The United Nations is also a forum in which to support the right of women to participate fully in the political, economic, and social life of their countries. The UN contributes to raising consciousness of the concept of human rights through its covenants and its attention to specific abuses through its General Assembly or Security Council resolutions or ICJ rulings.


Humanitarian assistance and international developmentEdit

In conjunction with other organizations, such as the Red Cross, the UN provides food, drinking water, shelter and other humanitarian services to populaces suffering from famine, displaced by war, or afflicted by some other disaster. Major humanitarian arms of the UN are the World Food Programme (which helps feed more than 100 million people a year in 80 countries), the High Commissioner for Refugees with project in over 116 countries, as well as peacekeeping projects in over 24 countries. At times, UN relief workers have been subject to attacks.

Further information: Attacks on humanitarian workers

The UN is also involved in supporting development, e.g. by the formulation of the Millennium Development Goals. The United Nations Development Programme (UNDP) is the largest multilateral source of grant technical assistance in the world. Organizations like the WHO, UNAIDS and Global Fund to Fight AIDS, Tuberculosis and Malaria are leading institutions in the battle against AIDS around the world, especially in poor countries. The UN Population Fund is a major provider of reproductive services. It has helped reduce infant and maternal mortality in 100 countries.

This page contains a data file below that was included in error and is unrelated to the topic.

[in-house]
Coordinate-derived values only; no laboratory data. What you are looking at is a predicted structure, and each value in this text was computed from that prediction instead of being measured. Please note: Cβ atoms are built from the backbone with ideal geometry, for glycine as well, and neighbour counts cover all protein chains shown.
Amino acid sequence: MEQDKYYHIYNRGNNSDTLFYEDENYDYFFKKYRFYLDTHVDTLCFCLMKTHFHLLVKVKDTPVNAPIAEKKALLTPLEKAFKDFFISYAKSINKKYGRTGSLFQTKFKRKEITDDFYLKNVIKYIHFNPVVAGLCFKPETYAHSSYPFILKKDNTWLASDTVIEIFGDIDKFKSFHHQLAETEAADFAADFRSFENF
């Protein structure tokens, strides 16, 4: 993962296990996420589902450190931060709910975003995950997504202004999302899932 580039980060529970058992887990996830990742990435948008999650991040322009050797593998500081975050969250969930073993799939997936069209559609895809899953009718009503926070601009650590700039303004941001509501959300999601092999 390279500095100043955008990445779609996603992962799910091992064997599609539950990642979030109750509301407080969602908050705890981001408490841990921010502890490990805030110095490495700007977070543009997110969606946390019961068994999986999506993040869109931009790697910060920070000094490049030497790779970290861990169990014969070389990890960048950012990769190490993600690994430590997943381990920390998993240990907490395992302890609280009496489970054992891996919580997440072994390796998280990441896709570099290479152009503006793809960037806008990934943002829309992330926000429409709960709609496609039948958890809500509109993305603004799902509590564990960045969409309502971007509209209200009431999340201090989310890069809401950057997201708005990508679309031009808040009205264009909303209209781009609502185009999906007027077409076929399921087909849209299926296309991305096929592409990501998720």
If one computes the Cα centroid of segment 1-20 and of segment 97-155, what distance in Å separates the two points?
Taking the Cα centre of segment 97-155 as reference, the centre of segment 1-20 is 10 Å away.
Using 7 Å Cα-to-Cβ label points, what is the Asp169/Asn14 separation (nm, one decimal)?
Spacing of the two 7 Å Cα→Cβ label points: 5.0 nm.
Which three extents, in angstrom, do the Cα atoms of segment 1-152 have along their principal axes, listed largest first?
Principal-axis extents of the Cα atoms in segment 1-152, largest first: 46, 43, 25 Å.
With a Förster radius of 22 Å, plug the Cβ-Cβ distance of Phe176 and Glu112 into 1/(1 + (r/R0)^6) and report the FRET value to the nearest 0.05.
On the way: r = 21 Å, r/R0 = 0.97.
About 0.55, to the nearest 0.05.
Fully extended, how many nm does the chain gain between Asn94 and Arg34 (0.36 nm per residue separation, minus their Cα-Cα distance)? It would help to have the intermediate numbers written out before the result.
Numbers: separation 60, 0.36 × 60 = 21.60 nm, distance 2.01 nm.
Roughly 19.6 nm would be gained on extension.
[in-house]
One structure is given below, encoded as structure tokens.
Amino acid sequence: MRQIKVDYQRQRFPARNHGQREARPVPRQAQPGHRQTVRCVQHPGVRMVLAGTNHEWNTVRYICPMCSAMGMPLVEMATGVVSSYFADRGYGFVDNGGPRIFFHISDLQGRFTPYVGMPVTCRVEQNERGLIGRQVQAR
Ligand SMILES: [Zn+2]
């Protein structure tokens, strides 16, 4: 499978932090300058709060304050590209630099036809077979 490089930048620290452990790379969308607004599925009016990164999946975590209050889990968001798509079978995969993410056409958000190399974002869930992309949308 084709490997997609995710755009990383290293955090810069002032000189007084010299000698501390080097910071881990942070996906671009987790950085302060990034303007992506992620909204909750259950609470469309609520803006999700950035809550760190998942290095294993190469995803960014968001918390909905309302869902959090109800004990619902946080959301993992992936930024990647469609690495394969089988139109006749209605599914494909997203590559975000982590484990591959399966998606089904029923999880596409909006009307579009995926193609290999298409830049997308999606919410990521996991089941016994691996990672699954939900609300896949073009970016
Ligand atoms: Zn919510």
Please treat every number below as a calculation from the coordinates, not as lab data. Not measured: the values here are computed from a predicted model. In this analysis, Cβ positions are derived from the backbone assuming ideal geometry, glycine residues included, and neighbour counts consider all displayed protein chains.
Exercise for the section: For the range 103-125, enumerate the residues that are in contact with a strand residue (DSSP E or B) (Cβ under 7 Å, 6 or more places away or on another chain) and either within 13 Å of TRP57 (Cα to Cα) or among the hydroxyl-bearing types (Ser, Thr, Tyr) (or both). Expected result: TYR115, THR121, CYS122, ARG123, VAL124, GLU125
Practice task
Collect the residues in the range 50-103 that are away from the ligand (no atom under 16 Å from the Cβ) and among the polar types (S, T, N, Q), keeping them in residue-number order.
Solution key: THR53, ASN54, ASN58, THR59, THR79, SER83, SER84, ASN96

The UN publishes the Human Development Index (HDI) annually, a comparative measure listing and ranking countries based on poverty, literacy, education, life expectancy, and other factors.

The UN promotes human development through various agencies and departments:

The UN has helped run elections in countries with little democratic history including recently in Afghanistan and East Timor. The UN also runs international criminal tribunals, including the International Criminal Tribunal for Rwanda (ICTR), for the former Yugoslavia (ICTY), the Special Court for Sierra Leone, and the Ad-Hoc Court for East Timor.

Treaties and international lawEdit

The UN negotiates treaties such as the United Nations Convention on the Law of the Sea to avoid potential international disputes. Disputes over use of the oceans may be adjudicated by a special court.

The International Court of Justice is the main court of the United Nations. Its purpose is to adjudicate disputes amoung states. The ICJ began in 1946 and continues to hear cases. Important cases include: Congo v. France, where the Democratic Republic of Congo accused France of illegally detaining former heads of state accused of war crimes. Nicaragua v. United States, where Nicaragua accused the United States of illegally arming the Contras. This case led to the Iran-Contra affair.

Criticism and Controversies Edit

See separate article UN, Criticism and Controversies

The UN in popular cultureEdit

The existence of the UN as a large, world-encompassing government organization has prompted many ideas about world government and world democracy. The UN is also often the subject of conspiracy theories.